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Dryland Conservation

Altaf Hussain

Drylands are limited by rainfall, high evapotranspiration and show a gradient increase in productivity from hyper arid to arid and semi-arid to dry sub-humid areas, on decreasing aridity or moisture deficit. Drylands cover about 41 per cent of earth's available land surface and three quarters of world food supplies come from drylands (FAO, 1999). The challenges for global agriculture in 21st century is to produce 7 per cent more food to feed a projected population of 10 billion by 2050 by making sustainable use of existing resources and responding climate change (FAO, 2009). Drylands span over 41 per cent of earth's available land surface will need to contribute their share to this yield increase. So improving dryland crop yield is important, both to maintain food security and to improve livelihoods of the poor.

Drylands in India contribute 70 per cent total cultivated area and about 50 per cent of the geographic area is affected by desertification) Food insecurity, extreme poverty and environmental nexus are the most challenging in the drylands. Improving crop productivity is important both to maintain food security and to improve livelihoods of the people in drylands. Investments are needed for soil and water conservation in order to improve soil fertility and soil moisture. Conservation and efficient utilization of natural resources are two key components to achieve sustainability in drylands. Land degradation and over exploitation of resources prompted researchers and policy makers to evolve innovative technologies which halt degradation and restore productivity. A number of technological innovations are used which include cultural practices, engineering methods, sustainable agricultural practices, precision conservation and agroforestry. Hence, transforming drylands is necessary to achieve second green revolution.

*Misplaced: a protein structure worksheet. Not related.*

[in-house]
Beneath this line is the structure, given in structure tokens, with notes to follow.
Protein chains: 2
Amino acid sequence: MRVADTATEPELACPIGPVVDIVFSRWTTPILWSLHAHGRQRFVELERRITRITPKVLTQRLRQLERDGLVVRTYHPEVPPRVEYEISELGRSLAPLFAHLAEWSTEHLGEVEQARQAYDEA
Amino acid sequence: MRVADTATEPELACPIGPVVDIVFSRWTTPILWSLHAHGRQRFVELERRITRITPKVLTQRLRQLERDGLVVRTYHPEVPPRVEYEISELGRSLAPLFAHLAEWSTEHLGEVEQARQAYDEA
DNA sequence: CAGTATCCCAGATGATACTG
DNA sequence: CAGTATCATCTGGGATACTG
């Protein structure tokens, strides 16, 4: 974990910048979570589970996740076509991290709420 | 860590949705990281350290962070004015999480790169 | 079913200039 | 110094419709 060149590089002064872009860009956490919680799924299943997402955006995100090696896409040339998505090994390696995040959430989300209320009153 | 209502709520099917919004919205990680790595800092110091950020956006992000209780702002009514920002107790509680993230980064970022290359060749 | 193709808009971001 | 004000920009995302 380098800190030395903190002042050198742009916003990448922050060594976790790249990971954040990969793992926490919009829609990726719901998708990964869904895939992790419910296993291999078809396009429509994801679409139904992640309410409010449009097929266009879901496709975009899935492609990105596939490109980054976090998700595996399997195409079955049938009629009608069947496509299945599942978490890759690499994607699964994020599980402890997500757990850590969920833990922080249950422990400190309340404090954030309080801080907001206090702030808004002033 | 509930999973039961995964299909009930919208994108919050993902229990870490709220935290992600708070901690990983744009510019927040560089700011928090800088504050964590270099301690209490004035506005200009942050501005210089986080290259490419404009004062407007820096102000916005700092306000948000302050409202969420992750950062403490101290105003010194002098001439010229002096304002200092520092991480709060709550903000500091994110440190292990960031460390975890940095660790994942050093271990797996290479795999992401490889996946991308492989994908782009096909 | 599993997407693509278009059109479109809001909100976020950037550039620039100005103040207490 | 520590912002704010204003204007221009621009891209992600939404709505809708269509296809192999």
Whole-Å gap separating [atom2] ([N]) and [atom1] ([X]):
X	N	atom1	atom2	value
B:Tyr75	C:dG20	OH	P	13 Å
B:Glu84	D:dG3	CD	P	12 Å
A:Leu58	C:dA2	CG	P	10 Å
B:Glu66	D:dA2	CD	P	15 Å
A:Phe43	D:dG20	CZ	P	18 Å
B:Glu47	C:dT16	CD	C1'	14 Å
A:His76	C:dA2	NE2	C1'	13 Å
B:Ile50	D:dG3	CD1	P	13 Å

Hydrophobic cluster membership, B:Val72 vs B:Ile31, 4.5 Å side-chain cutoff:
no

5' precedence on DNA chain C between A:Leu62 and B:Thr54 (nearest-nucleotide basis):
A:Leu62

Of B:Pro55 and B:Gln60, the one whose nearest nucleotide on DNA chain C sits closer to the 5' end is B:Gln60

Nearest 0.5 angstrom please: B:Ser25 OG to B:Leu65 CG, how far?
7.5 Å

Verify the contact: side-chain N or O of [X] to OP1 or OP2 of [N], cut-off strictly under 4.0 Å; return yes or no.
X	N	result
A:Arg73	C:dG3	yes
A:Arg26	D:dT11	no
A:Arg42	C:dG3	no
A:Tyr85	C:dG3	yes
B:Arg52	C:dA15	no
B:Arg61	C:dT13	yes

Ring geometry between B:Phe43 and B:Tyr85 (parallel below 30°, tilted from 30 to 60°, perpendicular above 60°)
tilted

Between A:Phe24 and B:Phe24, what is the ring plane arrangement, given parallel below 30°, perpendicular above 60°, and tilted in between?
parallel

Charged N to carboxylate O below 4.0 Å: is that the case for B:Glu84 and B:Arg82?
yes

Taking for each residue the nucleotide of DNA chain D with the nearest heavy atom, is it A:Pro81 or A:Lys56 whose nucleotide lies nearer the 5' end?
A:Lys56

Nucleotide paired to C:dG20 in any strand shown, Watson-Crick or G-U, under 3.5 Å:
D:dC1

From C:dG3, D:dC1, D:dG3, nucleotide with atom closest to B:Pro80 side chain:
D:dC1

Every continent contains dryland regions. Drylands are most extensive in Africa (13 M km2) and Asia (11 M km2). About three quarters of the world food supplies consisting of wheat, maize, sorghum, pulses, oilseeds, potato and fruits are grown of drylands (FAO, 1999). According to the Millennium Assessment (MA) report there are 2.3 billion people living in the drylands, out of which 1 billion are below poverty line accounting half of the world's poor (MA, 2005). Millions of rural dryland dwellers are directly dependent on local dryland ecosystem services for their daily survival. Therefore, any shortfall in any one of such services will create food insecurity, famines, conflicts and vulnerability of millions of rural poor. Climate change will have a disproportionate effect of dryland areas, contributing to desertification and increasing the vulnerability of people in drylands. We need to put the conservation of dryland ecosystem services at the heart of development policy, if we want to reduce poverty and achieve the millennium development goals.

 
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